If you’re headed to Boston for MLA this January, here is a schedule of the sessions of Romantic interest you’ll want to check out: Thursday, January 3 “Theories of the Romantic Grotesque” noon-1:15pm Beacon D, Sheraton Presiding: Alexander Regier, Rice Univ. “Blake’s Grotesque Body: The Dismembered Corpus of the Lambeth Books,” Tilottama Rajan, Univ. of Western Ontario “Henry Fuseli’s Classical Grotesque,” Alexander Regier “Grotesque Romantic Ecology,” Timothy Morton, Univ. of California, Davis “Transatlantic Book History in the Eighteenth Century” noon-1:15pm, Beacon E, Sheraton Presiding: Sean D. Moore, Univ. of New Hampshire, Durham 1. “Toward an Imperial Book History of the Early United States,” Edward J. Larkin, Univ. of Delaware, Newark 2. “To Encourage the Printing Business in This Kingdom: Robert Bell’s Irish Paine,” Molly Hardy, Saint Bonaventure Univ 3. “Black Printers and the History of the American Book,” Christen Mucher, Univ. of Pennsylvania “British Romantic Expatriates” 3:30-4:45pm Back Bay C, Sheraton Presiding: Toby Benis, Saint Louis Univ. 1. “From Wales to Western Pennsylvania: Robert Southey’s Madoc,” Juliet Shields, Univ. of Washington, Seattle 2. “Robert Merry’s Expatriation and the Pains of Memory,” Amy B. Garnai, Tel Aviv Univ. 3. “George Templeton Strong Interprets Beethoven through Byron,” John Clubbe, Univ. of Kentucky “Slavery and the Culture of Taste” 7-8:15pm Back Bay D, Sheraton Presiding: Gaurav G. Desai, Tulane Univ. Speakers: Srinivas Aravamudan, Duke Univ.; Faith Lois Smith, Brandeis Univ.; Leonard Tennenhouse, Duke Univ.; Rafia Zafar, Washington Univ. in St. Louis Responding: Simon E. Gikandi, Princeton Univ. Session Description: This roundtable will bring together scholars of eighteenth-century British literature and scholars of transatlantic slavery to consider the arguments made by Simon Gikandi in Slavery and the Culture of Taste. The book argues that the violence and ugliness of slavery were integral to the formation of theories of taste, aesthetics, and beauty. “The University of Romanticism” 7-8:15pm Fairfax A, Sheraton Presiding: Celeste G. Langan, Univ. of California, Berkeley 1. “The Conflict of the Faculties; or, Who Invented Romantic Religion?” Colin Lovell Jager, Rutgers Univ., New Brunswick 2. “Wordsworth Recalled,” Anahid Nersessian, Columbia Univ. 3. “England’s Ruins as Cultural Capital,” William Keach, Brown Univ. Responding: Jon P. Klancher, Carnegie Mellon Univ.  Friday, January 4 “Peterloo Revisited: New Forms of Political Dissent in the Aftermath of the 1819 Manchester Massacre” 8:30am-9:30am Beacon F, Sheraton Presiding: Michael T. R. Demson, Sam Houston State Univ. 1. “The Clerical Magistrate,” John Gardner, Anglia Ruskin Univ., Cambridge 2. “‘Science Is the Antichrist’: Chemistry, Instruction, and Revolution in Richard Carlile’s The Republican,” Mary Fairclough, Univ. of Huddersfield 3. “Shelley’s Other Response to Peterloo: Violence and Nonviolence in ‘A Philosophical View of Reform,'” Matthew C. Borushko, Stonehill Coll. 4. “The Violence of Form in Shelley’s ‘Mask of Anarchy,'” Seth Reno, Wittenberg Univ. “Teaching Austen in Challenging Circumstances” 8:30-9:45am Riverway, Sheraton Presiding: Emily Friedman, Auburn Univ., Auburn Speakers: Dana Gliserman Kopans, State Univ. of New York, Empire State Coll.; Sarah Raff, Pomona Coll.; William J. Stroup, Keene State Coll.; Michael Verderame, Univ. of Illinois, Urbana;Janet Aikins Yount, Univ. of New Hampshire, Durham Session Description: In this roundtable, participants will describe issues they face in trying to bring Austen into the undergraduate classroom, in traditional and nontraditional settings, focusing on classroom problems that also translate to other courses that center on literature and culture of this period or on other authors who have attracted wide cultural attention. “Teaching Byron” 8:30am-9:45am Liberty B, Sheraton Presiding: Robin S. Hammerman, Stevens Inst. of Tech. 1. “‘Electricity in the Air’: Childe Harold III, Frankenstein, and More,” Susan J. Wolfson, Princeton Univ. 2. “Sortes Byronicae: Don Juan par hasard,” Charles Waite Mahoney, Univ. of Connecticut, Storrs 3. “Byron’s ‘Darkness’ and Student Reception,” G. Todd Davis, Kentucky State Univ. 4. “Don Juan for First-Year Undergraduates,” Paul Whickman, Univ. of Nottingham “Accessing Romanticism through Atlantic Slavery: Period, Archive, Memory, Scholarship” 10:15-11:30am...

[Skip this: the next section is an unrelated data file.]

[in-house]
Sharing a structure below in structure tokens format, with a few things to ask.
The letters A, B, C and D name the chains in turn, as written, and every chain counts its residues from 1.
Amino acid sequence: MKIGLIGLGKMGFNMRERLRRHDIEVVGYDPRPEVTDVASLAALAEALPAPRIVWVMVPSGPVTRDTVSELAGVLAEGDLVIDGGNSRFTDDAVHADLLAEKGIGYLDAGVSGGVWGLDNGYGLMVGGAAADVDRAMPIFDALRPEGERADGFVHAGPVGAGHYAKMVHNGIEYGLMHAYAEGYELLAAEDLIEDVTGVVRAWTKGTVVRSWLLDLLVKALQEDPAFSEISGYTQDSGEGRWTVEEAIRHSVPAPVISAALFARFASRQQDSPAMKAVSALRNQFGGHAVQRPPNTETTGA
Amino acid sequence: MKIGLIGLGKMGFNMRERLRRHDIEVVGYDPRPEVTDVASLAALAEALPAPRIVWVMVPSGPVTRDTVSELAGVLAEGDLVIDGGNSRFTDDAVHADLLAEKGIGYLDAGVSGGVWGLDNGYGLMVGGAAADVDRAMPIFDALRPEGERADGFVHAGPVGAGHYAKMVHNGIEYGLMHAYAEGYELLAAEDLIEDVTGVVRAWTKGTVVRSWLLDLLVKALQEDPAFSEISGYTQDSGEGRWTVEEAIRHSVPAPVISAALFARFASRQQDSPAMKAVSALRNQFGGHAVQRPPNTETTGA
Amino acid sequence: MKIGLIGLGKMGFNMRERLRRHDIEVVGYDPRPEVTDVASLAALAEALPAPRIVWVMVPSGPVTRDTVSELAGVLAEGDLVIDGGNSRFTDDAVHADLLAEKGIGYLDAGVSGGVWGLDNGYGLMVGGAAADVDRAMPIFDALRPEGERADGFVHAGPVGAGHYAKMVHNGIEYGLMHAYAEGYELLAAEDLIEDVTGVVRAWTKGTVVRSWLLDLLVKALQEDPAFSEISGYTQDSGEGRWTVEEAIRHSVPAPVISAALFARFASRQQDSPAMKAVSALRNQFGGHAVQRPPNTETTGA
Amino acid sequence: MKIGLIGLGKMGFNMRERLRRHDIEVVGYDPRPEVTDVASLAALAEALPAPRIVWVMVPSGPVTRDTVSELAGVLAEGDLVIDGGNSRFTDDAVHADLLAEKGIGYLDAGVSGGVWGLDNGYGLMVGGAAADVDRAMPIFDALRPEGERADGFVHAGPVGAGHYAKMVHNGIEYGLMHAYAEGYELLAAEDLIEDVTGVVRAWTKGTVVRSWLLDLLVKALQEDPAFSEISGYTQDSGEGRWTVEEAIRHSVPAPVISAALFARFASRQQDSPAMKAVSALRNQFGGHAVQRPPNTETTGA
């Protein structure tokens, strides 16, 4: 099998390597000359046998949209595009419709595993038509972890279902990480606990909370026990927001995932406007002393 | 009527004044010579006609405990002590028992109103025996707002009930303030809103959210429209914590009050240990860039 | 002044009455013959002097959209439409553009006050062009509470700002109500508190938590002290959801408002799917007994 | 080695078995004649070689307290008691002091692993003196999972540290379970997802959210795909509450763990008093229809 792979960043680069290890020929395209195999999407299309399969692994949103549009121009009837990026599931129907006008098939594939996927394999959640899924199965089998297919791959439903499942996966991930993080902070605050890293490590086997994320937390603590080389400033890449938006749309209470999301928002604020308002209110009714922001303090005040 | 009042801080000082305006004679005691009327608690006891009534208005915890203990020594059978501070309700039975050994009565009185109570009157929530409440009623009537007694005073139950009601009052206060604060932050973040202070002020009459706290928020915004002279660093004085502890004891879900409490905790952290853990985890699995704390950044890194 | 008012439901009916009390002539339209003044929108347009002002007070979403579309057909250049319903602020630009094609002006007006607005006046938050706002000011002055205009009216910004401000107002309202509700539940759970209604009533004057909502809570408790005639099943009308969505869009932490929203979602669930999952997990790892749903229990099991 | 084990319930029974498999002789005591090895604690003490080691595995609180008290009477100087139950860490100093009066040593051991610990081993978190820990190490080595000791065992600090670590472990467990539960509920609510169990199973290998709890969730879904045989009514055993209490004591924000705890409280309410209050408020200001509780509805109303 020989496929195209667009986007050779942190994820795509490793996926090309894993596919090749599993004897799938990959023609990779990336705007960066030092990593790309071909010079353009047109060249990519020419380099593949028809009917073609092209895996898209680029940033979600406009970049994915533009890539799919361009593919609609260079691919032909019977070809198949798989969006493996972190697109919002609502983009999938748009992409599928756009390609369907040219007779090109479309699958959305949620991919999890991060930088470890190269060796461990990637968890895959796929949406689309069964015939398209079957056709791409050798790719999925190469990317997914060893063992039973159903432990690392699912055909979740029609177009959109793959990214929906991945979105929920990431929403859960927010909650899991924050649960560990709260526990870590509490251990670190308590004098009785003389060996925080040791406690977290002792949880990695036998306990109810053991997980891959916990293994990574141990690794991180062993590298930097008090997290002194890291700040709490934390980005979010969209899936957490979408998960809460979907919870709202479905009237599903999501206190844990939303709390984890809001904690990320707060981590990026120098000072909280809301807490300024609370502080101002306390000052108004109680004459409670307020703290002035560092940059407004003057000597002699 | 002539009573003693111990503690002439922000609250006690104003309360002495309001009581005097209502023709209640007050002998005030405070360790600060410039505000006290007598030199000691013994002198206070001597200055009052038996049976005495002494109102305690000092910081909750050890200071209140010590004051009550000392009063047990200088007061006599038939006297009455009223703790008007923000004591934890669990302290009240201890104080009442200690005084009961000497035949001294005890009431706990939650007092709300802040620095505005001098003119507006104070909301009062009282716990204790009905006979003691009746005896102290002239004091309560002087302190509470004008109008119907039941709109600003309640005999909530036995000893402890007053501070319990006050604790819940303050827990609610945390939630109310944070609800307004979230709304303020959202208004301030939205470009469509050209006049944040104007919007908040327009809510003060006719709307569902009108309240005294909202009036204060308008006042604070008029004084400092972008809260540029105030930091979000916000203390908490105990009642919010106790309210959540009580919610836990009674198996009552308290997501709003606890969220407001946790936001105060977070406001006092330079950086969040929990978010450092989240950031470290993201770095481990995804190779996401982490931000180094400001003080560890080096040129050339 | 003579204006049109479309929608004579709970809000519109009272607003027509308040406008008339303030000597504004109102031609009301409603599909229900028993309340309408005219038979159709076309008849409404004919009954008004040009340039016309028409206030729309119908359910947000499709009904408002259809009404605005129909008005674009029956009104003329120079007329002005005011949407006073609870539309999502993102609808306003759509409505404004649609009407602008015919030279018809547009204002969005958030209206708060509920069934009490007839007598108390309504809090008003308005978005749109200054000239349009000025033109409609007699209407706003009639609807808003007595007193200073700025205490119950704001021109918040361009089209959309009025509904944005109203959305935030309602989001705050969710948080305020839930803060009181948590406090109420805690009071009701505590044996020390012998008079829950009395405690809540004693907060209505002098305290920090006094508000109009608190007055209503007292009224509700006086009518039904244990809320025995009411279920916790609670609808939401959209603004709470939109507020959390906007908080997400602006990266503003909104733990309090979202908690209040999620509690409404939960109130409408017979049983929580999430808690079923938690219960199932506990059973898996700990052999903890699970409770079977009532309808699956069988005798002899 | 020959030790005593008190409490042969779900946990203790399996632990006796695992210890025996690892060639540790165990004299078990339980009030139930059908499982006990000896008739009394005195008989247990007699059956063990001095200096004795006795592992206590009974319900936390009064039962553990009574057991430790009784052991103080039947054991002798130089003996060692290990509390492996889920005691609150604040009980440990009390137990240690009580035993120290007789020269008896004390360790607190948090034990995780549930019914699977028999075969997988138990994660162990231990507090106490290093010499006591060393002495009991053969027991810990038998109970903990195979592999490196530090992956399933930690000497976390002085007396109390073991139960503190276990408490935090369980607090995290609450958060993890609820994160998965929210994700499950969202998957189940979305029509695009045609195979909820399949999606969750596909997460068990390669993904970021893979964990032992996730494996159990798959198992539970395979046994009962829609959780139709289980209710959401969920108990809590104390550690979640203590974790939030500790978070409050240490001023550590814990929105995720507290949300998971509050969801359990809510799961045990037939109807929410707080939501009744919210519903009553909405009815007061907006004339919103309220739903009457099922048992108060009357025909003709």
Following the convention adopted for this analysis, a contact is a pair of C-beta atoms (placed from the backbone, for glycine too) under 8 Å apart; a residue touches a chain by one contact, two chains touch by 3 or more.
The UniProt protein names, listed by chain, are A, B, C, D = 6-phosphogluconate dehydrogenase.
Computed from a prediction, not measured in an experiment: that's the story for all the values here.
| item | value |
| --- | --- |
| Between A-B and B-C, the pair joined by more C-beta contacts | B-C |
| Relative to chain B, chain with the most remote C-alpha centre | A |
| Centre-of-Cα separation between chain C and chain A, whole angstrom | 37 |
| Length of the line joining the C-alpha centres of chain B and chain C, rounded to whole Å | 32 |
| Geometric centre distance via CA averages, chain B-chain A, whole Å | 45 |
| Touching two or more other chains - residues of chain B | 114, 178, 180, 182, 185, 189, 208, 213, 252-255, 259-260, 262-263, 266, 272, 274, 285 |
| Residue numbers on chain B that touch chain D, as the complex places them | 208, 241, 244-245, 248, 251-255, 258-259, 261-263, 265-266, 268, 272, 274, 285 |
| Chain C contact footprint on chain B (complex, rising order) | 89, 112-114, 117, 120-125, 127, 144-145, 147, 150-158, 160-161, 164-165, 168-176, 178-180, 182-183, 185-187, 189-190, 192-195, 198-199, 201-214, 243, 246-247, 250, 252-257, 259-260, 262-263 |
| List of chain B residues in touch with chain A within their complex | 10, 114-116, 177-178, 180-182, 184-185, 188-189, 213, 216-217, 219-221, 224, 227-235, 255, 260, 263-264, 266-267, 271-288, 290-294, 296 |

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Fall CFP Round-Up